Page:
Niche ain’t what it used to be. That will come as no surprise to you. No need to mention any names but so many brands are increasingly corporate in their approach.
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I’ve wanted to try Puredistance for a long time and got the opportunity when another blogger recommended me to the Dutch company (based in the city of Groningen, away from all the hoopla) as part of their PR activities around their latest launch, Puredistance Papilio.
The way I was contacted by brand founder / creative director Jan Ewoud Vos – personal and direct – made an impression from the start. Then the box of goods arrived.
It took me a couple of weeks to open and explore it all. I read the book The Story of Puredistance 2002-2022 (written by former blogger Birgit Oeckher of Olfactoria’s Travels fame) until I was ready to try Puredistance Papilio. This passage from the book sums up the Puredistance way rather nicely:
“What to do that could fulfil his ideals of small is beautiful, of slow but steady, of timeless and beautiful. At the time he read a biography of Coco Chanel. Leaving her personal morals aside, the woman had created something that endured, a timeless classic: Chanel No 5. This idea would not leave Jan Ewoud alone. Once you manage to create something beautiful, it stays the same; once something is perfect, it stays perfect. Timeless beauty as a source of peace and quiet in a world too fast-paced to look, listen or hold still anymore.”
I held back on wearing Puredistance Papilio. It arrived at a time when I’d been grappling with my feelings about another year whizzing by, auditing my achievements and questioning whether I should continue blogging. One inner voice telling me: “Get on with it, Richard. You need to get this post done. Don’t keep them waiting when they’ve been so kind to send you all these beautiful things.”
None of which helps matters, of course. So I told myself to take all the time I need to experience Puredistance Papilio. After all, part of the house’s ethos since its debut launch in 2007 has been about slowing down to enjoy the beauty in our world. I also decided not to obsess about notes and ingredients (see full list below these impressions).
A zing of invigorating citric freshness at first.
From high intensity to the low warm hum of something altogether more intriguing.
Not what I was expecting. But then what I was expecting?
Is that sensual leather?
Florals coming through. Not overpowering or heady variety. No need for performance fascism here.
Warmer and warmer. I can feel my skin almost glowing.
Muskiness in various forms in the drydown, yet those florals (lots of powderiness) keep coming back, as if adding colours.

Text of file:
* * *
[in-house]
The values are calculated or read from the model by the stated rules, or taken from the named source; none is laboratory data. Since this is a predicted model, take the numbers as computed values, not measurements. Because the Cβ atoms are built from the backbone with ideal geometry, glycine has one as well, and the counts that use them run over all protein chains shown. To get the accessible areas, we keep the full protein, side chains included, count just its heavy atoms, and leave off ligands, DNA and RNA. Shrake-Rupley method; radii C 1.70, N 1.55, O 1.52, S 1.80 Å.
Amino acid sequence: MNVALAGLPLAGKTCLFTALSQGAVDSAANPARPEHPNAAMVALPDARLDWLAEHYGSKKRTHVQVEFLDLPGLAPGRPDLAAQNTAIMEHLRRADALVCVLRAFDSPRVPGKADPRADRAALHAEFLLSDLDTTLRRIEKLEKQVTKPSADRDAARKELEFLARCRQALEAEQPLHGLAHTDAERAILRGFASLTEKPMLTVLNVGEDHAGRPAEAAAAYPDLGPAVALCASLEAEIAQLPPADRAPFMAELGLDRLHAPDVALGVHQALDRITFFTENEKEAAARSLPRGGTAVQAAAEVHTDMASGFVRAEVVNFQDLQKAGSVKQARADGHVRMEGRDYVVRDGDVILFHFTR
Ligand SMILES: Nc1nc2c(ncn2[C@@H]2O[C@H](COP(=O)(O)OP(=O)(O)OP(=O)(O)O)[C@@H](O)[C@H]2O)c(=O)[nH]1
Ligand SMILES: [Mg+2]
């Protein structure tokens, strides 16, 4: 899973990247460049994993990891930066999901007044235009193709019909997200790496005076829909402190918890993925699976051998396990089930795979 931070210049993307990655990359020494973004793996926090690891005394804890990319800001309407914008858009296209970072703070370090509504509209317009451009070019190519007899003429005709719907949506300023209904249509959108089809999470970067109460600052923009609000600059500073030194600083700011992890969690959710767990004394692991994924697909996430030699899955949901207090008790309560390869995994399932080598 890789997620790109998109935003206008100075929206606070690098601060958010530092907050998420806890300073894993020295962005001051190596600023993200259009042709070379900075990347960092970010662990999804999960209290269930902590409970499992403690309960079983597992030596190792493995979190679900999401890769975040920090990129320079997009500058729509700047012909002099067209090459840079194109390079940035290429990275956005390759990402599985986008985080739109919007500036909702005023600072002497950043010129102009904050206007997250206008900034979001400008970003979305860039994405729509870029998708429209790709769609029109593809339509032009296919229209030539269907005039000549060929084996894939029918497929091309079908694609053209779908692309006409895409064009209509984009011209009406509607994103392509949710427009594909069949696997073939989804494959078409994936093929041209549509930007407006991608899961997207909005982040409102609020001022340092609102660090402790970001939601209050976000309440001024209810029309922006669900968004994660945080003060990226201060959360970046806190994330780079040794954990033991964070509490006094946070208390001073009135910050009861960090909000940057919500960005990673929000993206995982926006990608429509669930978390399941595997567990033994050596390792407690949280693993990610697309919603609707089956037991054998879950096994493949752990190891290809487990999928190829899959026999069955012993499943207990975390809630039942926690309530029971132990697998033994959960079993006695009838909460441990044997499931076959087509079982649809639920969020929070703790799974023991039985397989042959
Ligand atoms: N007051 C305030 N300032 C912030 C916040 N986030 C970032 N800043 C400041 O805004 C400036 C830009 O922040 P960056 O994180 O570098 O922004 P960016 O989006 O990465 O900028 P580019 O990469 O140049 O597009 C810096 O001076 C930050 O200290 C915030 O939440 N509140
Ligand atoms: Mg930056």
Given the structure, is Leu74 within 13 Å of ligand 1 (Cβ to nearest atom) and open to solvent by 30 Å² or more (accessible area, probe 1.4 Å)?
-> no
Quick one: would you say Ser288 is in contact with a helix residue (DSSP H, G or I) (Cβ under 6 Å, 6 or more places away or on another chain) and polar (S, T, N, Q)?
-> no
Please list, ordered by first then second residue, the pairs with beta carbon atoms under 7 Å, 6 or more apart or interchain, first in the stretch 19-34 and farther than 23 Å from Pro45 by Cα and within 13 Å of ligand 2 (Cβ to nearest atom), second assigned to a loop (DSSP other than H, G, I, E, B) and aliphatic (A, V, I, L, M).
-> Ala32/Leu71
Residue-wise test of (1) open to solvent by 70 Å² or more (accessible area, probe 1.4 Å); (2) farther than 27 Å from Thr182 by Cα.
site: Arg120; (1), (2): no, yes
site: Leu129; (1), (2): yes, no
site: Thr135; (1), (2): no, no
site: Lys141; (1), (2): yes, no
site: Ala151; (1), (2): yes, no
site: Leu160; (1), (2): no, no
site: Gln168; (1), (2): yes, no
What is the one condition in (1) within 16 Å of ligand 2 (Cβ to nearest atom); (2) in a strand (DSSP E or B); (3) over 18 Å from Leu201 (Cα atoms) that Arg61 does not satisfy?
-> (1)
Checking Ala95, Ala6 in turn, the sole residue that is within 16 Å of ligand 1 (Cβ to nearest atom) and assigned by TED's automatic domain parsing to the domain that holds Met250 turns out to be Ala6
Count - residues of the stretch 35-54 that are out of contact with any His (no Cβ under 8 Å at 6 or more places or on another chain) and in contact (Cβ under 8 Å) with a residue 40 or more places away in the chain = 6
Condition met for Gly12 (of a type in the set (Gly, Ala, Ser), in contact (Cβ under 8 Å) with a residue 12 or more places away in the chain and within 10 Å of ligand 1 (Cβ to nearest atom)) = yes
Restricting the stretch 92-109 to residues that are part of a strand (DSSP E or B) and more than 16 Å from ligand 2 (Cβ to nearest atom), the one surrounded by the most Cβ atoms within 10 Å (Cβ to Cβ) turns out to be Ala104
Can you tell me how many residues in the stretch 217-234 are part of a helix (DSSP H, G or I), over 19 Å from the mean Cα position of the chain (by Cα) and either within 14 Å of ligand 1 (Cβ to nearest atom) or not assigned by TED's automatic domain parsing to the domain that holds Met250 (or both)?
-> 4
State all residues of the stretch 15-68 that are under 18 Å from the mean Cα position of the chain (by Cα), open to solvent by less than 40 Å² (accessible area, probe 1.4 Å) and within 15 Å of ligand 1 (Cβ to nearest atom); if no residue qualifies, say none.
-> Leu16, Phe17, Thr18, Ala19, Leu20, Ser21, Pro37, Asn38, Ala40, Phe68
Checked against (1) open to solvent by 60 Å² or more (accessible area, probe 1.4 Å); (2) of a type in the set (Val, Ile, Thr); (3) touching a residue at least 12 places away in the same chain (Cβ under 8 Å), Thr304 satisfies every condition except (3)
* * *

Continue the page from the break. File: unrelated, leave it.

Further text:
Beautifully blended without any domineering aspects but each time I wear it, I’m captivated by another aspect.
[Scent notes according to the brand: bergamot oil (top); magnolia oil, neroli oil, carrot oil, orris, lily-of-the-valley, hedione HC, heliotrope (middle); cedarwood, vetiver oil, amyris oil, Ambroxan, opoponax resinoid, benzoin resinoid, vanilla, touch of peach, leather ambrette, cashmere, Muscenone (base).]
Now’s a good time to mention the inspiration for the scent (and I paraphrase from the press release here). Embrace your true nature, as a butterfly would through its various stages of metamorphosis (egg, caterpillar, chrysalis, butterfly).
How powerful is that. This verse from the poem written by Jan Ewoud that accompanies the perfume especially struck a chord with me:
Your wings might feel broken,
And you long for a choice,
Please be outspoken,
And use your real voice.
No wonder Nathalie Feisthauer had tears in her eyes when Jan Ewoud discussed the idea of Puredistance Papilio with her. The independent Paris-based perfumer also created the 2021 release Puredistance No. 12 (2021) and is highly regarded for other creations such as Cartier Must de Cartier Pour Homme EDT (2000), Hermès Eau de Merveilles EDT (2004), Amouage Honour Man EDP (2011), Etat Libre d’Orange Putain des Palaces EDP (2013) and Comme des Garçons Blue Cedrat EDP (2013), among others.
The best kind of fragrances should make you feel something. And Puredistance Papilio certainly does that for me in ways that others haven’t. While self-proclaimed zen Buddhist Jan Ewoud might see some of my emotions and my identification with the processes of change as attachment and projection, I can’t help feeling that the gifting of this perfume isn’t a mere coincidence. Whether I’m stuck in the chrysalis or liberated in the butterfly stage, that’s another story completely.
If niche is about absolute quality (ingredients, parfum concentration, collaborations with top perfumers), creativity, limited distribution (less than 100 retailers globally), personal connection, exclusivity and not being part of mindless more, more consumerism, Puredistance gets it so right.
Puredistance Papilio (25% pure parfum) is available in the United States from the Puredistance Online store and Scent Bar. It joins the Magnificent XII Collection. There are always 12 fragrances in the range, but the one that sells the least is removed from distribution (but still available from the company directly as part of its “Private Collection”) to make way for the new arrival.
Richard Goller is a fragrance and grooming blogger. His blog is called Fragroom. A senior editor with 20 years' experience, his blog allows him to combine two of his passions: engaging content and the always-intriguing world of fragrances. When he isn't blogging, you'll find Richard indulging in his newly found passion for balcony gardening.